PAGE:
from Salem Ridge Press. This book retails for $12.95 for a softcover copy, and $22.95 for a hardcover. It was written by Emma Leslie in 1874 for ages 8 and up. From the website, the author is described:
I was fascinated by this, as I love older books. They focus on so much more interesting issues than more recent fiction, especially Christian fiction which I have pretty much given up entirely. That this book focused on Christian history was a huge plus as well. It really fit well with where we are in our Christian world history curriculum.
Emma Leslie (1837-1909), whose actual name was Emma Dixon, was a prolific Victorian children's author who wrote over 100 books. Emma Leslie brought a strong Christian emphasis into her writing and many of her books were originally published by the Religious Tract Society.
When this book arrived I looked it over, and Emma (my daughter) snagged it immediately. She read it all in one day. :) Tyler (5th grade) and I also read it, but not so quickly. Emma (4th grade) is the type to disappear with a book and hardly sleep or eat until it's done. Love that girl!
The main character of this book is Hilda, a young girl from Briton, in the first century. She and her brother, Bran, are taken captive by the Roman army, and sold into slavery in the city of Rome. Another slave introduces them to a new God that they had never heard of; a God who loves even slaves. They look forward to the "Golden Age" of freedom, but find that true freedom is found in Christ alone. They are able to go and hear Paul speak about this strange God, during Paul's prison time in Rome. (Acts 28:30-31) As the Gospel spreads among the slaves, their masters cannot help but notice the change in the household. The book ends with a twist and you will have to read it to find out why my Emma exclaimed when she handed it to me:
"I'm dying to tell you about the ending, but I don't want to spoil it for you!"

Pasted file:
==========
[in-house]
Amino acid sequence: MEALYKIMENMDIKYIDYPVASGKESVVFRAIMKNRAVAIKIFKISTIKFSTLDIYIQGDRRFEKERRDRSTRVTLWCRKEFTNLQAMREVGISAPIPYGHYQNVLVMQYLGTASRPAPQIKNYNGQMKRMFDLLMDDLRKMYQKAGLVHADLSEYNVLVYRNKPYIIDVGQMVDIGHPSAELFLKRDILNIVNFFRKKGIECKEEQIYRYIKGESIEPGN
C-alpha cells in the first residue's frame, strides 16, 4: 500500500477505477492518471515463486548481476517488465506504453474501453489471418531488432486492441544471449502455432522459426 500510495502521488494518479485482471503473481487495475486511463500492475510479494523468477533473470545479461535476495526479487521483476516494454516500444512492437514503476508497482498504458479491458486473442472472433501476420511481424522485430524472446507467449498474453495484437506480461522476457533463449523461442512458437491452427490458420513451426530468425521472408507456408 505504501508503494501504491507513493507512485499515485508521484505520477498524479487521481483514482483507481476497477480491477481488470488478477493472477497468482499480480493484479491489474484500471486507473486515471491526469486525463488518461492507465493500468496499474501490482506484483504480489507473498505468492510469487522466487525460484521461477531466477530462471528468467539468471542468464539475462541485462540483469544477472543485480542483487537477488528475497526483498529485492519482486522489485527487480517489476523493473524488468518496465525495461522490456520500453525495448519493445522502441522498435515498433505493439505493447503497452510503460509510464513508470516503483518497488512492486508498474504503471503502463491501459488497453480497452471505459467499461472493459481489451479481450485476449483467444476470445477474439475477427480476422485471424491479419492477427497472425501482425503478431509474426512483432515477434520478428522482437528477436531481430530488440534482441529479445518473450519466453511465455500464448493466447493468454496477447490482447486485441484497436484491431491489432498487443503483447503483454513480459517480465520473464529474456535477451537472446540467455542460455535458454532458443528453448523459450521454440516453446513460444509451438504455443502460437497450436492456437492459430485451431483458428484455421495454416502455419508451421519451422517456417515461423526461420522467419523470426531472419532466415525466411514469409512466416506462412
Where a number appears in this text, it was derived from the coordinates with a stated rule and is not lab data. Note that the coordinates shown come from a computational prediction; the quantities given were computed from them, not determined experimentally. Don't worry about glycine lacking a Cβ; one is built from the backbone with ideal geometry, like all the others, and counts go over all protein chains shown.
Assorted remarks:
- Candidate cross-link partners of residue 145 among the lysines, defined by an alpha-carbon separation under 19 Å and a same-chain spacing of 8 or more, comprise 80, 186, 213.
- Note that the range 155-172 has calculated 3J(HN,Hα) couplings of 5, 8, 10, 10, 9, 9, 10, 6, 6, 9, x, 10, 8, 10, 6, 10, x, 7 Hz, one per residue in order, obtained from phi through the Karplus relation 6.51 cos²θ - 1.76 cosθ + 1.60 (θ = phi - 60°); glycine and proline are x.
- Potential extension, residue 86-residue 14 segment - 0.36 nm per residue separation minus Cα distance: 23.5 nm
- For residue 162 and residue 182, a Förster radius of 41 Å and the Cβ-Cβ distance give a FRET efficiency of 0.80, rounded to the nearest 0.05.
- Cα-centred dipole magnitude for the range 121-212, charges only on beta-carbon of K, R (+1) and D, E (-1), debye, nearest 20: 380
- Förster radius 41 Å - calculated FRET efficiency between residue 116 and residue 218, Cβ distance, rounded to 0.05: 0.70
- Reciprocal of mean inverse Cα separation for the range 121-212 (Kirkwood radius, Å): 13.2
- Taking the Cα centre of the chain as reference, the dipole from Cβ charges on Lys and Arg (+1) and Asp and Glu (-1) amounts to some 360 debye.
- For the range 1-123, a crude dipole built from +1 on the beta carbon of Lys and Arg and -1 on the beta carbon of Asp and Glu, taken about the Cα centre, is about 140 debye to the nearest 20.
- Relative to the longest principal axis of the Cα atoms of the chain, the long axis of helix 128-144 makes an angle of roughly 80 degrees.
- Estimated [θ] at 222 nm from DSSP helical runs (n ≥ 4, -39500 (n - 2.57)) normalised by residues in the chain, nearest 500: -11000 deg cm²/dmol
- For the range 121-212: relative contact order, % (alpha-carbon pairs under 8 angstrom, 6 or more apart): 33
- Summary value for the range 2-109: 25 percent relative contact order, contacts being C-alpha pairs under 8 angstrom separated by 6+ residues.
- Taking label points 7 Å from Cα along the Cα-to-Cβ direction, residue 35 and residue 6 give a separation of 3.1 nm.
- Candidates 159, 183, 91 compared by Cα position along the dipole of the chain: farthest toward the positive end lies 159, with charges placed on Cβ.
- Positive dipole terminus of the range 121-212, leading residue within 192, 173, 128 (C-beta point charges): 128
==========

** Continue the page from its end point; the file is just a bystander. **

What I liked:
- Salem Ridge Press did a wonderful thing to bring these books back into print, as I feel they are Christian history treasures.
- This book, while fiction, was well grounded in truth.
- The text is very easily read and a perfect fit for the suggested age range. That said, even as an adult, I loved it too.
- Wherever a word in the text is unusual in today's English, there is a footnote definition provided on that same page. This was throughout the book.
- There were also Scripture reference footnotes.
- The illustrations were of the "woodcut" style typical of the 19th century. Love those!
- Salem Ridge Press has said that, at times, they will edit a book to uphold their standards of decency. Read more about that here.
What I didn't like:
- I didn't like. . . that I would like this book so well. I only received one book, and now we want to buy the whole set. (Mom, if you're reading this, I'm hinting about the kids' birthday gift ideas).
Bottom Line:This book was an entertaining way to share early church history with my kids. It was solid and wholesome. We all loved reading it, and I hope to buy more of them. There are 12 books available covering church history in select periods from AD 59 to AD 1522. In fact, you can read reviews of several other books in this series by Emma Leslie if you visit the rest of the Crew:
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